Sunday, April 26, 2009

C. scurrilis re-collected from type specimen's locality

Hi All,

My explorer friend went to Sumatra this week and managed to re-collect what is believed to be C. scurrilis from the C. scurrilis type specimen's locality around the Indragiri Hulu (Hulu means upstream in Indonesian) region in the Riau province in Sumatra. Visit his blog if you want to view the photographs and use the embedded translation tool if required as his blog is in Japanese.

C. cf. xpurpurea nothovar. purpurea 'Mersing Barat'

C. xpurpurea nothovar. purpurea was found by H.N. Ridley in 1892, near Kota Tinggi in Johor state of Malay Peninsula. Last year, two cryptcoryne enthusiasts from Malaysia (Joshua and Herman) published on their blog about their expedition trip in South-east Johor on boats where they found large carpet of blooming C. xpurpurea.

I tried to locate the same location during one day last year with my explorer friend but failed to do so due to lack of time. The main river branches into too many smaller rivers and a trip up some of these smaller rivers could take a few hours each. Nevertheless, it was a very enriching trip, travelling up the river observing how the river side vegetation changed from brackish to freshwater, and seeing large hornbills and smaller kingfishers flying across the wide river. It felt like being in the Amazon of south east Asia!

Another famous location where C. xpurpurea could be found is in Tasik Bera in Pahang state, the largest natural lake in Malay Peninsula. My explorer friend negotiated with some 'Orang Asli' to help to collect these cryptocorynes in return for some cash, instead of collecting the plants himself to provide some economic support to these indigenous minority peoples. This is how the C. xpurpurea from Tasik Bera looked like:

My explorer friend also managed to locate the C. cf. xpurpurea from another locality at Mersing Barat (west of Mersing) and I was lucky to be able to visit this natural habitat with him last weekend. The cryptocorynes could be found in a small flowing stream beside the edge of a forest, the leaves being brownish in colour generally, were well camouflaged among the dead leaves and thick hair grass in the stream and could easily be missed. The underside of the leaves were very purplish red and marred with black markings.

The water level was quite low and many emersed specimens could be located along the banks on the stream. The base substrate of the stream comprise mainly of sand and the pH of the water measured was about 5.5.

We bashed into the forest hoping to find more carpets of cryptocorynes but there was none, perhaps we did not bashed deep enough. I collected 2 itchy and irritating leech bites instead from this forest.

We found an unopened spathe and collected the specimen back. It opened one day later in my house. Below are some photographs of the spathe. I cut it opened during day 6 of the spathe opening, after the spathe started to rot and fall sideways.

The cryptocorynes from this location were identified as C. xpurpurea nothovar. purpurea in a recently published book on cryptocorynes. Comparing these specimens to the photographs of C. xpurpurea from the more classic locations of Kota Tinggi and Tasik Bera, these from Mersing Barat:
  1. lack the yellowish throat,
  2. have thicker red collar,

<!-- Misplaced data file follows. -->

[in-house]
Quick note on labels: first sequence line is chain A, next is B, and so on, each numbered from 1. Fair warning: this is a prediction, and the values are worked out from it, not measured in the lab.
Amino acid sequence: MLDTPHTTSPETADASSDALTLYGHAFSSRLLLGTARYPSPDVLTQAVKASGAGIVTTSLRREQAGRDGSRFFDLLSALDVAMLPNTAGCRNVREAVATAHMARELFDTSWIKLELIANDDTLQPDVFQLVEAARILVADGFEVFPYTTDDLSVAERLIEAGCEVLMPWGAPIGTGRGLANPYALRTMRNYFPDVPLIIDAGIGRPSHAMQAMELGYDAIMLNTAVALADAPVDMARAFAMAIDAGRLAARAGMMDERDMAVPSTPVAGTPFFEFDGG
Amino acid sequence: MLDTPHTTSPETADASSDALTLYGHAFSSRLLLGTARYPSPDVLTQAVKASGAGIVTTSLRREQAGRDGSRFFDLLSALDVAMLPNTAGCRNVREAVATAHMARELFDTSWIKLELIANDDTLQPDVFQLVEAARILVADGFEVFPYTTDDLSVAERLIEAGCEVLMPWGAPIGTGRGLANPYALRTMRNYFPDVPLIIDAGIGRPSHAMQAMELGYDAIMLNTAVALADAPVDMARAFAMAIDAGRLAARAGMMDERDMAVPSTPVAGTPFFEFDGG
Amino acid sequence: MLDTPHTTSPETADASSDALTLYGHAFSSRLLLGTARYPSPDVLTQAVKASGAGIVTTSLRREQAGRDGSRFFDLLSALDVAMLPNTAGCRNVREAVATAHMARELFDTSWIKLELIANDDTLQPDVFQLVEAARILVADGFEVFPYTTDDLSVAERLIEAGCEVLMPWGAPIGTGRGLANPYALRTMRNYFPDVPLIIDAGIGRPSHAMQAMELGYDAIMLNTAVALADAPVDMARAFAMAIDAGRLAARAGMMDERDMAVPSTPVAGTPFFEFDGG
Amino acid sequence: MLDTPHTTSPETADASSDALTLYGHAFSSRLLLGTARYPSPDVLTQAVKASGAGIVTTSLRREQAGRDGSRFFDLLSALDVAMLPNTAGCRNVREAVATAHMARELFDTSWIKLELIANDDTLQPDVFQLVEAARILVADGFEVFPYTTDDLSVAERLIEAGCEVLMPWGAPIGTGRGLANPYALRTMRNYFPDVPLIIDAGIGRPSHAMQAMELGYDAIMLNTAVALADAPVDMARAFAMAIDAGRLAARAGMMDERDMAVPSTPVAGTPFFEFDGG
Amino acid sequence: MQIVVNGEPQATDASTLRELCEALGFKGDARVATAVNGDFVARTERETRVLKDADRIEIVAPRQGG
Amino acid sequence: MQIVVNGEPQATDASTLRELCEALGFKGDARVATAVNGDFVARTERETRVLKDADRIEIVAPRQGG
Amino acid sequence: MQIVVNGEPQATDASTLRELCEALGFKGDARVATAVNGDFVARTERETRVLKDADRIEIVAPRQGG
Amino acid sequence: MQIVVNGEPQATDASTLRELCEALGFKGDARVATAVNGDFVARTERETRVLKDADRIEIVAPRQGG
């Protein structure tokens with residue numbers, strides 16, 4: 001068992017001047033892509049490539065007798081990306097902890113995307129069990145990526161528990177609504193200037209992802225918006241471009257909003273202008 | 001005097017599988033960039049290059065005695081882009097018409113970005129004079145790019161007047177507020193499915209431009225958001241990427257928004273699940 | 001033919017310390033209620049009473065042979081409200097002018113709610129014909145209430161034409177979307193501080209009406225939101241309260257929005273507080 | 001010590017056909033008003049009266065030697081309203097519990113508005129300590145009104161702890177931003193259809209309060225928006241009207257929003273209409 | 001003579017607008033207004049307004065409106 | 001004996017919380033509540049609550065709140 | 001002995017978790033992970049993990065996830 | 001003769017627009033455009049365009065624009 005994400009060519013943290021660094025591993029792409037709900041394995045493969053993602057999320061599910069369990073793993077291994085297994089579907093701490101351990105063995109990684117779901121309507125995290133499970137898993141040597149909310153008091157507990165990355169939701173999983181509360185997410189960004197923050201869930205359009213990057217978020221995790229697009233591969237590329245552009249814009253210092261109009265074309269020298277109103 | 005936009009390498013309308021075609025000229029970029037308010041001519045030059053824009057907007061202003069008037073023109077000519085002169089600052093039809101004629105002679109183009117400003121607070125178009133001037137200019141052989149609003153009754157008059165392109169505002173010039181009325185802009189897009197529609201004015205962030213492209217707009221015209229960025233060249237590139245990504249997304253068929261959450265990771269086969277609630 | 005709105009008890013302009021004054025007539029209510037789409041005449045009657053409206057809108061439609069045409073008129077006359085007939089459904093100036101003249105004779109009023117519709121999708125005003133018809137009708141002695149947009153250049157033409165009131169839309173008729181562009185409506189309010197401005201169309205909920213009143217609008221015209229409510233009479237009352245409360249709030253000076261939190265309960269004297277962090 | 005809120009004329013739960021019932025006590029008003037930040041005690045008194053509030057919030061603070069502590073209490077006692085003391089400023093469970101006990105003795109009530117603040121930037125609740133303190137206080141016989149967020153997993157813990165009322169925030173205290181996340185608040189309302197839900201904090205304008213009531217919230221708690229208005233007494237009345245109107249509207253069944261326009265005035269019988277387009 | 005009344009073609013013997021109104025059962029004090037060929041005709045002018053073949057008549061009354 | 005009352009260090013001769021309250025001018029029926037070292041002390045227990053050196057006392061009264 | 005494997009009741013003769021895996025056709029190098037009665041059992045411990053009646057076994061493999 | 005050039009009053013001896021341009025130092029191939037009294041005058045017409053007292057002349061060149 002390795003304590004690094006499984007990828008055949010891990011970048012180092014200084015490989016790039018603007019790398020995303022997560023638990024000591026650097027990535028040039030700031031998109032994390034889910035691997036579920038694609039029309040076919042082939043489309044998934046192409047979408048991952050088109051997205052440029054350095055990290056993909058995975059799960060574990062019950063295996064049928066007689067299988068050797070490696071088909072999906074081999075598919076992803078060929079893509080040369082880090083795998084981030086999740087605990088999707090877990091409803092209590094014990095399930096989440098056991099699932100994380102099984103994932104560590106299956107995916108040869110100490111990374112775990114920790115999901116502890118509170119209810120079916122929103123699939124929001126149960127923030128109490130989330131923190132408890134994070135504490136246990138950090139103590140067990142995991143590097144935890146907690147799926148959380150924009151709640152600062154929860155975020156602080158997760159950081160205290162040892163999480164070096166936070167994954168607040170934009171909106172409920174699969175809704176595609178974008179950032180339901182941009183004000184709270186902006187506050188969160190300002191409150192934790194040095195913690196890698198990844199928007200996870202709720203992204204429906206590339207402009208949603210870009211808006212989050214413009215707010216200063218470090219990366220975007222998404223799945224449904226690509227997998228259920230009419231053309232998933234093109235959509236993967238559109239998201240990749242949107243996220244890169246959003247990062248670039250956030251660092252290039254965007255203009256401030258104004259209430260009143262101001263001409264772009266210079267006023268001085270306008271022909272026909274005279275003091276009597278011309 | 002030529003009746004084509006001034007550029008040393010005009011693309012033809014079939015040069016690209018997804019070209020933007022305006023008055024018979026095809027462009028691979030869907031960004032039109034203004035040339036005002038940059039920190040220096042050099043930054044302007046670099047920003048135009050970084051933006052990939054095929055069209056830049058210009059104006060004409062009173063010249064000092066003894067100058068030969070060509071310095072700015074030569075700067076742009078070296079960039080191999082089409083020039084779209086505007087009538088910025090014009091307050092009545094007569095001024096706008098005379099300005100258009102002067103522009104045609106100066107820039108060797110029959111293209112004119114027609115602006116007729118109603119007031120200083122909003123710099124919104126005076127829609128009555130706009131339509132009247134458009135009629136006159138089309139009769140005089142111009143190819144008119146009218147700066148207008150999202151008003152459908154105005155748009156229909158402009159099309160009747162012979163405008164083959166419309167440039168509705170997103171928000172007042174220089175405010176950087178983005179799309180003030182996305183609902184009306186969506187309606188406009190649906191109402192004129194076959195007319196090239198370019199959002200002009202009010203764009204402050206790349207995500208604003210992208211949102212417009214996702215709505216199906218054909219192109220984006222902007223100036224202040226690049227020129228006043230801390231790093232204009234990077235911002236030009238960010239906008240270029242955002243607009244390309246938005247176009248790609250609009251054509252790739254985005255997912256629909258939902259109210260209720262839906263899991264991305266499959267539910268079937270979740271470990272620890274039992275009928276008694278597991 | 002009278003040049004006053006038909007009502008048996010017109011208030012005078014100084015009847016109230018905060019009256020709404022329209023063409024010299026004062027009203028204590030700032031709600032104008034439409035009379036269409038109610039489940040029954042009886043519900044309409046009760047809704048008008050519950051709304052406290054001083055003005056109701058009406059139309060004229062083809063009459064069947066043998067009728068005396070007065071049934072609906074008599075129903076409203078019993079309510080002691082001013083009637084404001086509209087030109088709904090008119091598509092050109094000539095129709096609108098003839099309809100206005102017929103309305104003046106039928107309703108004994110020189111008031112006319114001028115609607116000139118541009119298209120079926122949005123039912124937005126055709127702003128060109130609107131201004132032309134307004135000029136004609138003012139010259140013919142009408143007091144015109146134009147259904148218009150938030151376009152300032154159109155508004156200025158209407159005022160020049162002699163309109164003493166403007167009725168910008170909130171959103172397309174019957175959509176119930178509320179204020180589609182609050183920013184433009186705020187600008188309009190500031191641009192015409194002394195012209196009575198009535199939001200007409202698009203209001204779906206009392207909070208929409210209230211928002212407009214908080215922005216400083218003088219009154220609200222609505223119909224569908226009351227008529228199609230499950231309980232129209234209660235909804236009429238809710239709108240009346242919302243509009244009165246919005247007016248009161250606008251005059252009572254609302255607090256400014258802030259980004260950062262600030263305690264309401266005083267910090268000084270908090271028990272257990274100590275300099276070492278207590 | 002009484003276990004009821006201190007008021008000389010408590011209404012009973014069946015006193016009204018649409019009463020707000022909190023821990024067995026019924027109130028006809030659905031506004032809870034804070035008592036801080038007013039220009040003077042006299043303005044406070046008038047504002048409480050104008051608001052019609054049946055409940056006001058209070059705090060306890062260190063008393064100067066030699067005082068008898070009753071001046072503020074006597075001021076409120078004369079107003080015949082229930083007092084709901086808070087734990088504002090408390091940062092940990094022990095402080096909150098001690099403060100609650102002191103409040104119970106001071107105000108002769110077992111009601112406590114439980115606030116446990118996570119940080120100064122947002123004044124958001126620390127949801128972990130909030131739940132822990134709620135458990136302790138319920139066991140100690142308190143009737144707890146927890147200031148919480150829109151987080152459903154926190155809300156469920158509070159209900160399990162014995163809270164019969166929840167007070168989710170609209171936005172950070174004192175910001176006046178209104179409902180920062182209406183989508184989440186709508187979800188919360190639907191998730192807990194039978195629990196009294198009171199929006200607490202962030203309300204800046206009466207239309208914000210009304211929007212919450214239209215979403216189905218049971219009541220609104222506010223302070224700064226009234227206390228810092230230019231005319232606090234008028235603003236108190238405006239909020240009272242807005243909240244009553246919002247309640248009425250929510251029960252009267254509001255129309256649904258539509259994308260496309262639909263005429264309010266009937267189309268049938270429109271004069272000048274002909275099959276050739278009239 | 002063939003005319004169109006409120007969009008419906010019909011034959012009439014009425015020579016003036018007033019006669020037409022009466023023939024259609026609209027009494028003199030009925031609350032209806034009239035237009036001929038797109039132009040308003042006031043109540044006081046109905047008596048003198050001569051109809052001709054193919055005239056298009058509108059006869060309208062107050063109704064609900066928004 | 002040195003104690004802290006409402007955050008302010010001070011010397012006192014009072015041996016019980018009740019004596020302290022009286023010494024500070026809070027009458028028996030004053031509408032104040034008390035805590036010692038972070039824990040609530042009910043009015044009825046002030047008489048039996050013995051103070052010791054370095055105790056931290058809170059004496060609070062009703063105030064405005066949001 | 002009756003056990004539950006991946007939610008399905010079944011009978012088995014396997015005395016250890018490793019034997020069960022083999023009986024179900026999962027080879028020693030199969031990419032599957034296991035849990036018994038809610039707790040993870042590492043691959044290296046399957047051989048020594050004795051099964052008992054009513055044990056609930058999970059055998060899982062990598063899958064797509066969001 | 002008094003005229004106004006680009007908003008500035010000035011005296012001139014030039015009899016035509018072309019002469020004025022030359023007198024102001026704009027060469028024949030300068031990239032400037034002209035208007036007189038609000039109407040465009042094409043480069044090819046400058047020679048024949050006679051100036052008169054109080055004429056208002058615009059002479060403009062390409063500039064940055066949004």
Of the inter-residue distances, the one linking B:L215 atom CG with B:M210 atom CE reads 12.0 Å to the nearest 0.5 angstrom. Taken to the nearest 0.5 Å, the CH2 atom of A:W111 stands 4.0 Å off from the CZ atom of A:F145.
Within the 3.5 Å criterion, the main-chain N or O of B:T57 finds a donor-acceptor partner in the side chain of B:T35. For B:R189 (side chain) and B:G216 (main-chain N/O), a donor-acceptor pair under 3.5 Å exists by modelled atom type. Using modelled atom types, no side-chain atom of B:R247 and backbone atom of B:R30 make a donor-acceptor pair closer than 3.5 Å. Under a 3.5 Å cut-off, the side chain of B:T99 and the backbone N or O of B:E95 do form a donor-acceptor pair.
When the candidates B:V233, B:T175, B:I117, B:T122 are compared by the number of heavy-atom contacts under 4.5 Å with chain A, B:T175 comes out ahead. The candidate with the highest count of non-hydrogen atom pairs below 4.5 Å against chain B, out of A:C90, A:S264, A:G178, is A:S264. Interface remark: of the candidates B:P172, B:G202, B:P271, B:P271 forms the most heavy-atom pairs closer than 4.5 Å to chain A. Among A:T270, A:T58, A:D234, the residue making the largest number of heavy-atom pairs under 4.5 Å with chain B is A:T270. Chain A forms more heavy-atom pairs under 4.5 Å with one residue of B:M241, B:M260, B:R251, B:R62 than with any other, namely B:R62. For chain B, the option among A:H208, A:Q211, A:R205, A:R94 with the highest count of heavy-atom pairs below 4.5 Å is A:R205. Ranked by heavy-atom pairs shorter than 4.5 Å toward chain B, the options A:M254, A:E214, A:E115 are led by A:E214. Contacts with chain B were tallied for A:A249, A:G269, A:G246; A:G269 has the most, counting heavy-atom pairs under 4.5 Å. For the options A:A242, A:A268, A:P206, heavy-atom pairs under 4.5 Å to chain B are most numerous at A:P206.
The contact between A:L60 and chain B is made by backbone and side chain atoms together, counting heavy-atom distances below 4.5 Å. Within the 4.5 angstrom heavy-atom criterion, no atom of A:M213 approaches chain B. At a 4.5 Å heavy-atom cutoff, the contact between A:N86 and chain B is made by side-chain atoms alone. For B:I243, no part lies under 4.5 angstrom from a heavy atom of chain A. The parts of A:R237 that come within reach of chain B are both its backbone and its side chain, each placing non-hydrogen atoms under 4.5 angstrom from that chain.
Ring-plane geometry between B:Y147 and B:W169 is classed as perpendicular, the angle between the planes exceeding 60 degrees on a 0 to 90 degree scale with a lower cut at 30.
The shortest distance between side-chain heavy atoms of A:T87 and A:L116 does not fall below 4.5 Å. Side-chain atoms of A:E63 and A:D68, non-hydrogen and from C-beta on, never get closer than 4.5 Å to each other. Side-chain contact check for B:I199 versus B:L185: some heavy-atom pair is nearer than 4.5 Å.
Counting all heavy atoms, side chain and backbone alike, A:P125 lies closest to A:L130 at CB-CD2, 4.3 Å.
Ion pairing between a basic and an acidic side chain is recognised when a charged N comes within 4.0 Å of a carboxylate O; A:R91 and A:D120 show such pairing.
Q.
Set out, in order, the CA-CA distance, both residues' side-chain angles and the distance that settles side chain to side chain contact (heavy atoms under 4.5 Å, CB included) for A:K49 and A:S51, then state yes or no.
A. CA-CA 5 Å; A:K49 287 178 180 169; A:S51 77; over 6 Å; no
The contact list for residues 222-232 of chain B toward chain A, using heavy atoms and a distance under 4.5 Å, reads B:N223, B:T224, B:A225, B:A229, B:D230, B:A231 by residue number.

3. have browner leaves with redder underside of leaves,
  4. are smaller in size and
  5. have slightly longer stigmas.
Maybe the differences were caused by the differences in their natural habitat environment (i.e. substrate, type of habitat, pH, etc). My friend thought that they looked more similar to C. jacobsenii instead so he termed them as C. cf. jacobsenii in his blog. What do you think, should these specimens from Mersing Barat be considered as C. purpurea or something else?

Thursday, April 23, 2009

C. sp. 'Lingga - Red' plantlets development (2nd mth)

As you all can see, not many plantlets survived at the end of month 2, probably due to the heat built-up in my tank causing a lot of leaves of various cryptocorynes to constantly melt. Well, good! Time to combine them into one pot to make space for my other new cryptocorynes! :-p

Monday, April 20, 2009

Re-visitng C. nurii 'Mersing'

I had the good fortune to visit the natural habitat of C. nurii 'Mersing' again last weekend with my explorer friend. Unlike the last time when we reached there only in the evening, we arrived in the early morning this time round and travelled deeper along the river.

We were greeted by carpets of cryptocorynes. The uneven levels of river bed gave rise to intermittent sections of emersed and submersed cryptocorynes.
We were able to locate many riped fruits, of which some still had seeds attached.
From the photograph, you can tell that the base of the river is sandy and mixed with stones (laterites?). The pH was between 5.5 to 6 according to what I measured previously, no measurement was done this time.
I like the spathes of this variation of C. nurii very much, with the heart shape limb perpendicular to the tube, very romantic!
Another feature which is distinct to this variation of C. nurii is the red dots lined along the veins of the leaves.
The new emersed leaves are reddish brown in colour (in terms of entire leaf colour) as opposed to the older leaves which looked brownish green.
I thought the red dots are confined to appear along the leaf veins only but I was wrong. There were some leaves which we termed as "with crazy markings!"
As usual, we removed a specimen with a fully opened spathe to cut the flower to examine the interior of the kettle.